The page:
After we create the an email_message object with compose_email(), we can choose to send it through an SMTP server using blastula’s smtp_send() function. There is some system setup required before sending a blastula email message via SMTP. The main considerations are:

  • modifying an account-level setting on Gmail (if using that for sending email)
  • optionally storing SMTP server and auth settings on disk

We’ll go through each of these setup steps before getting into several sending examples with smtp_send().

Requirement for Using Gmail

To use blastula with Gmail you will need to have an app password created for your Gmail account. An app password is a password generated by Google for the purpose of verifying an external app rather than using your standard password. Emails sent with only your standard password pair will be rejected by Google for security purposes. Note that to create an app password you will also need two factor authentication enabled for your account. To create an app password, follow the steps on the Google Account Help page.

Note: Previous versions of this document provided directions for using the Less Secure Apps setting in Gmail to allow sending blastula emails from Gmail accounts. The Less Secure Apps setting has a sunset date of May 30, 2022 and the previous method will no longer work after that date. Any existing R code using blastula will need to be updated to use this new app password method.

Storing Credentials and SMTP Configuration Data for Later Use

While we can provide SMTP login and configuration information directly whenever we send email, it can be convenient to store this data for easy retrieval. It should be noted that the manually specifying credentials is more secure since no sensitive information is ever stored on disk (and password entry is obscured). Should you want to store credentials on-disk, however, there are two methods available for this:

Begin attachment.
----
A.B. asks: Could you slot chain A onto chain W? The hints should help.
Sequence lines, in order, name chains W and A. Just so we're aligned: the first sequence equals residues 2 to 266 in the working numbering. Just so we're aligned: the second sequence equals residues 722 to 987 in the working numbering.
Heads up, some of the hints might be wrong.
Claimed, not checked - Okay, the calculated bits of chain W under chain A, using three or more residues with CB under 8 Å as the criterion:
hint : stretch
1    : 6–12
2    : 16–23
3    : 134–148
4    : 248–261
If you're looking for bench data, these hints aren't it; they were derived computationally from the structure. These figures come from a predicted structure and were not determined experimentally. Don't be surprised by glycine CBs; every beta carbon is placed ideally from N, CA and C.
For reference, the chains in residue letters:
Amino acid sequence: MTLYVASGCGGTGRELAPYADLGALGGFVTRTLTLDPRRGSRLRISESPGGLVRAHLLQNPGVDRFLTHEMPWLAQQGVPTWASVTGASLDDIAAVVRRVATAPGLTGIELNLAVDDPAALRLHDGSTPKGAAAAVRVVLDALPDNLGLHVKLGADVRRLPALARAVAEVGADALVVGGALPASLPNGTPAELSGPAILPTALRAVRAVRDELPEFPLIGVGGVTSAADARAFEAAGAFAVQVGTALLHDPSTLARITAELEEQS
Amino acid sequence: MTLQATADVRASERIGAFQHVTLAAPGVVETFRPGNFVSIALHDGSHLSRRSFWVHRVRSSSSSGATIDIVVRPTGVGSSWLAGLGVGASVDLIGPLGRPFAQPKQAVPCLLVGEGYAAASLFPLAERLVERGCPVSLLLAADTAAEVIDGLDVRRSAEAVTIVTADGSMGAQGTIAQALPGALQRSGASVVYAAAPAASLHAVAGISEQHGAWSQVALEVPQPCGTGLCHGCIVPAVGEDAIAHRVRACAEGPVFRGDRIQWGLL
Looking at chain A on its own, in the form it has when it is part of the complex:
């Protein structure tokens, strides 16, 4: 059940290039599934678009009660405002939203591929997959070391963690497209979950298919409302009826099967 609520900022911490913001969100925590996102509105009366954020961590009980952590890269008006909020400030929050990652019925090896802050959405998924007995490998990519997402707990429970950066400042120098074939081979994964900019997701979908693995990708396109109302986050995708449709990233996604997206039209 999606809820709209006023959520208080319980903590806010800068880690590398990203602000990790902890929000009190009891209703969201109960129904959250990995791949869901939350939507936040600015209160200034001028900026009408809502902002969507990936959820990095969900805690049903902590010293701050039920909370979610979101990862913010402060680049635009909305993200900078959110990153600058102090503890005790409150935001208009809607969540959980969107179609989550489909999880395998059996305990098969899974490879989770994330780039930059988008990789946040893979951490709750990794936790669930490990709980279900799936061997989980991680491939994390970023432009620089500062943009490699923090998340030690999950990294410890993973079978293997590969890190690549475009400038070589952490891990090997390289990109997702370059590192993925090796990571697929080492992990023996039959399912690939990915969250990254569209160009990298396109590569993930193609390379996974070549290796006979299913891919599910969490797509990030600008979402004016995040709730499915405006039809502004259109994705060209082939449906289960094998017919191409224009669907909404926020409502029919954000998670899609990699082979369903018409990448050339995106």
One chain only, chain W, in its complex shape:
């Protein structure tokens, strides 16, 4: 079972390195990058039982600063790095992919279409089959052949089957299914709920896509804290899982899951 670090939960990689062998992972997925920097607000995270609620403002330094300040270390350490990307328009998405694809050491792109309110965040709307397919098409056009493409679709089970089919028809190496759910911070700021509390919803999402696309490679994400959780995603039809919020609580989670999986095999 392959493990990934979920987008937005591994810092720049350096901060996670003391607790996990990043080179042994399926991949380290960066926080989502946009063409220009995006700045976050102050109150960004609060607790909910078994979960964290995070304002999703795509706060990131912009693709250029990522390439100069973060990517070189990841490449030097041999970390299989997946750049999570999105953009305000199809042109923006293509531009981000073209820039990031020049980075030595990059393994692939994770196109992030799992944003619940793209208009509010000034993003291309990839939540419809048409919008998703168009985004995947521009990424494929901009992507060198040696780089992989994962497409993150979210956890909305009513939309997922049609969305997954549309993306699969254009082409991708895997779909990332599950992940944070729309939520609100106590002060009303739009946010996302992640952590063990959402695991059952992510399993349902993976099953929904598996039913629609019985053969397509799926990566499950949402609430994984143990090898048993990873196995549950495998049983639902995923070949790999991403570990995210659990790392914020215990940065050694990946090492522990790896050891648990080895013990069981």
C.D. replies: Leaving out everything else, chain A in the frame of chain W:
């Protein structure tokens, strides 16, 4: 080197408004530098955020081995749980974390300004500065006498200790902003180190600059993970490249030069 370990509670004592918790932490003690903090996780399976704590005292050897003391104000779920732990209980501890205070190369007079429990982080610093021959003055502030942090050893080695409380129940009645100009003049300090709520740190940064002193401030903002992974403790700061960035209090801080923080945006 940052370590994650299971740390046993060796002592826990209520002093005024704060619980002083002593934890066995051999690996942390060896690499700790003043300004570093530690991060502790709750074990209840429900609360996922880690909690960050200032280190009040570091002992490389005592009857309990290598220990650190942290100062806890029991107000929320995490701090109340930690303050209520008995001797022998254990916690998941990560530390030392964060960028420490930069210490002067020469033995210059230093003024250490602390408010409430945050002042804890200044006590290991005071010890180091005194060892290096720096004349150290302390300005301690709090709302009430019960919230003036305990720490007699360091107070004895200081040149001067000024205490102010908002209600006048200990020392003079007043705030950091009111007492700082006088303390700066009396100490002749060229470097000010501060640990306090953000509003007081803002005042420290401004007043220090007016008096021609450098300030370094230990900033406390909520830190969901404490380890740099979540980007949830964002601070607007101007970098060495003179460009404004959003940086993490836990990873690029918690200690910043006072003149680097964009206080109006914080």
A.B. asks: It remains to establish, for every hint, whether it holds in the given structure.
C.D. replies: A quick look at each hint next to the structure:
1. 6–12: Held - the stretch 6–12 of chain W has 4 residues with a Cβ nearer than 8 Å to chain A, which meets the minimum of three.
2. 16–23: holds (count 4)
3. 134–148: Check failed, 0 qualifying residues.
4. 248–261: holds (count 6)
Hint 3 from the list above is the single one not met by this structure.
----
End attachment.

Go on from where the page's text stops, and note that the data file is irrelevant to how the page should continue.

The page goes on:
1. Storing credentials in the system’s key-value store
  2. Storing credentials in a file

The first method is more secure since access to the system-wide key-value store requires authentication. The second is less secure since it is the user’s responsibility to manage the resulting human-readable JSON file. We’ll provide examples on how to use the both options effectively.

We can store email credentials in the system key-value store with the create_smtp_creds_key() function. Here is an example showing how to create an entry with an id of "gmail_creds".

# Store SMTP credentials using the
# system's secure key-value store;
# provide the `id` of "gmail"
create_smtp_creds_key(
  id = "gmail",
  user = "user_name@gmail.com",
  host = "smtp.gmail.com",
  port = 465,
  use_ssl = TRUE
)

When executing this function, there will always be a prompt for the password (i.e., there is no password argument in this function).

We can also use preset SMTP settings. For example, if we would like to send email through Gmail, we can supply provider = gmail to not have to worry about the SMTP server details.